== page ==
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Novartis pulls ahead of Merck in MET-positive lung cancer race

FDA starts priority review of Swiss pharma's MET inhibitor


Novartis’ MET inhibitor capmatinib could be approved for marketing in the US within six months for a rare form of non-small cell lung cancer (NSCLC), as the FDA starts a priority review of the drug.

Capmatinib – originally developed by Incyte and licensed to Novartis in 2009 – has been submitted for approval in the US for metastatic MET exon14 skipping-mutated NSCLC, a form of lung cancer with a notoriously poor prognosis.

The start of the review puts Novartis in a position to bring a drug for MET-mutated NSCLC to market ahead of Merck KGaA, which is developing a rival MET inhibitor called tepotinib for this type of cancer.

MET mutations are seen in around 3% to 5% of all NSCLC cases, and capmatinib and tepotinib could open up a new avenue of targeted therapy for this type of cancer alongside other drugs targeting mutations like EGFR, ALK and Ros.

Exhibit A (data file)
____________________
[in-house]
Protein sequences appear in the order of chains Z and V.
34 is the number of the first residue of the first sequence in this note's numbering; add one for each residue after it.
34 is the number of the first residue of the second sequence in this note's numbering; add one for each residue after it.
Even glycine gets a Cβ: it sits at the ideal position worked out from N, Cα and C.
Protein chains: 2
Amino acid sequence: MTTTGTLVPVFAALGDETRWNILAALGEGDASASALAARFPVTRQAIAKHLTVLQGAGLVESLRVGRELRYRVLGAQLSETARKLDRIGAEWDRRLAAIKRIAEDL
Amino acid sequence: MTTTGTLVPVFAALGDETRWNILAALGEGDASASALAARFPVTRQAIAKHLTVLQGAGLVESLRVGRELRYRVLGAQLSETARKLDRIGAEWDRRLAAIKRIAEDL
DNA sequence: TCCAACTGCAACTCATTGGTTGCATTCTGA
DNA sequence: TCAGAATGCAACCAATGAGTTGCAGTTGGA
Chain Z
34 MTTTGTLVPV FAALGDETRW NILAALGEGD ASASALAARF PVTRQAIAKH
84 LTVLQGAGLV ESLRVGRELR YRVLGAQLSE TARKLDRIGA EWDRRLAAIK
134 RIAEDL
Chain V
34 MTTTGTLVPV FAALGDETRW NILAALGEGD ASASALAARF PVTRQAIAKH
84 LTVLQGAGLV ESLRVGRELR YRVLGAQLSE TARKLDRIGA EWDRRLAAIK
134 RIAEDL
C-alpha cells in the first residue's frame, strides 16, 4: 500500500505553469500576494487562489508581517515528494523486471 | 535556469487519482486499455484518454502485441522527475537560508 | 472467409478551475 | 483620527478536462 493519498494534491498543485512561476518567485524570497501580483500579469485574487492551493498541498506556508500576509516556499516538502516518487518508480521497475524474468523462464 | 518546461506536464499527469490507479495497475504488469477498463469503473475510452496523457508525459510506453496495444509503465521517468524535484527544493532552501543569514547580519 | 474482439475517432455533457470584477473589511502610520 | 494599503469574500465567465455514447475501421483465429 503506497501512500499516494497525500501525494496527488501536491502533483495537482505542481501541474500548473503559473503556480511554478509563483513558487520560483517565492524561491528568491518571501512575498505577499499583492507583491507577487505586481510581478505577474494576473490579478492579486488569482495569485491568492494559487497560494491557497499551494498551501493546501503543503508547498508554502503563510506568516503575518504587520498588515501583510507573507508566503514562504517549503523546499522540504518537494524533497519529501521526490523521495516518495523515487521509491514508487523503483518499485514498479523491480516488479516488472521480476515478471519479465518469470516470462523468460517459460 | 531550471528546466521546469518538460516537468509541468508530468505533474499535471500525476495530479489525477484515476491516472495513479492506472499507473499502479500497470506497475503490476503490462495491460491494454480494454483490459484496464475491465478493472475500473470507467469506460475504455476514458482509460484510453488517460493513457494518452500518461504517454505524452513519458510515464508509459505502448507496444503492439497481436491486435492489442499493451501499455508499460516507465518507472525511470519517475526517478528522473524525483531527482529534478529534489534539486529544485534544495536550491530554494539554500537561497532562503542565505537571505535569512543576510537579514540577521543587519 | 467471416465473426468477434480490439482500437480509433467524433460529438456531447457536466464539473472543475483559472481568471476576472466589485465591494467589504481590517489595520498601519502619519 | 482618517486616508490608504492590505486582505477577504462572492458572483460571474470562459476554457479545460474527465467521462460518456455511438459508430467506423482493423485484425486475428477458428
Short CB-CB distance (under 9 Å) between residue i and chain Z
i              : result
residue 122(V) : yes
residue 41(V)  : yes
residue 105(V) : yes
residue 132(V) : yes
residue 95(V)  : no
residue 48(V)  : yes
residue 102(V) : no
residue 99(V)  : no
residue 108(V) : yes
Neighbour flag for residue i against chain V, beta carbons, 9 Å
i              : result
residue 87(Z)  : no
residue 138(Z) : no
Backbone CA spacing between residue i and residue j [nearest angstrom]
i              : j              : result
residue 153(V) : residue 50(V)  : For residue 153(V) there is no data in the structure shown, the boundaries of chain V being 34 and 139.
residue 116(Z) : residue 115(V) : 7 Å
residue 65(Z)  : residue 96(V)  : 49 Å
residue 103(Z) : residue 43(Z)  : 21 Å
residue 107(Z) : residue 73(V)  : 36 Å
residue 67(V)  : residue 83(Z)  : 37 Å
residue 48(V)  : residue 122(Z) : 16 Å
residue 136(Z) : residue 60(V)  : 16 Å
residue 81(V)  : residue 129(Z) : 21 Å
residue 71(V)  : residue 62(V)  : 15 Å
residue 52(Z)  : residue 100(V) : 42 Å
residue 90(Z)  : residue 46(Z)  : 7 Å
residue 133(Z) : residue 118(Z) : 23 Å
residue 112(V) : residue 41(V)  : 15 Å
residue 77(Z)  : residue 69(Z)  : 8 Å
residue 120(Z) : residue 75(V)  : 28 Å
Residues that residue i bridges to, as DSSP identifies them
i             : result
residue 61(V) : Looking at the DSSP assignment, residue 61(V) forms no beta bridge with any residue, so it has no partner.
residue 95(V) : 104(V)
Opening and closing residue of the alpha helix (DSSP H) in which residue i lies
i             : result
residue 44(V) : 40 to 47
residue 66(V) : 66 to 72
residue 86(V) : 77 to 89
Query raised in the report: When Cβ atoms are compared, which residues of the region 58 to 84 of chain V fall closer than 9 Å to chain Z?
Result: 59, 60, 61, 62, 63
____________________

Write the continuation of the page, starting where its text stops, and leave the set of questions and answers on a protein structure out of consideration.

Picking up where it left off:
Capmatinib will only be effective if patients are screened for the mutation of course, and to that end the Swiss pharma group has signed a collaboration with Foundation Medicine to develop diagnostics that can detect METex14 mutations from tissue and blood samples. These are under regulatory review at the FDA.

Novartis’ filing with the FDA is based on phase 2 results from its GEOMETRY mono-1 trial, reported at last year’s ASCO conference.

The study showed an overall response rate of 68% with the drug among 28 treatment-naive patients and 41% among 69 previously-treated patients. The median duration of response was 11.1 and 9.7 months respectively.

There were also encouraging signs of activity in cancer that had spread to the brain, with seven of 13 patients showing a response and in some cases showing the complete resolution of these lesions.

Novartis’ chief medical officer John Tsai said that capmatinib “may be a major treatment advance for patients with this particularly aggressive form of lung cancer”.

Merck isn’t thought to be too far behind capmatinib with its tepotinib programme, and also reported results at last year’s ASCO that it said had the potential to support regulatory filings for the drug.

The VISION trial involved 57 treatment-naïve and pre-treated METex14-positive NSCLC patients with an overall response rate of 45% to 50% – depending on the diagnostic used at enrolment – and with a median response duration of 12 to 17 months.

It was also effective in brain metastases, according to Merck, which hasn’t yet filed for approval of its drug according to its latest pipeline update.

Article by
Phil Taylor

11th February 2020

From: Research



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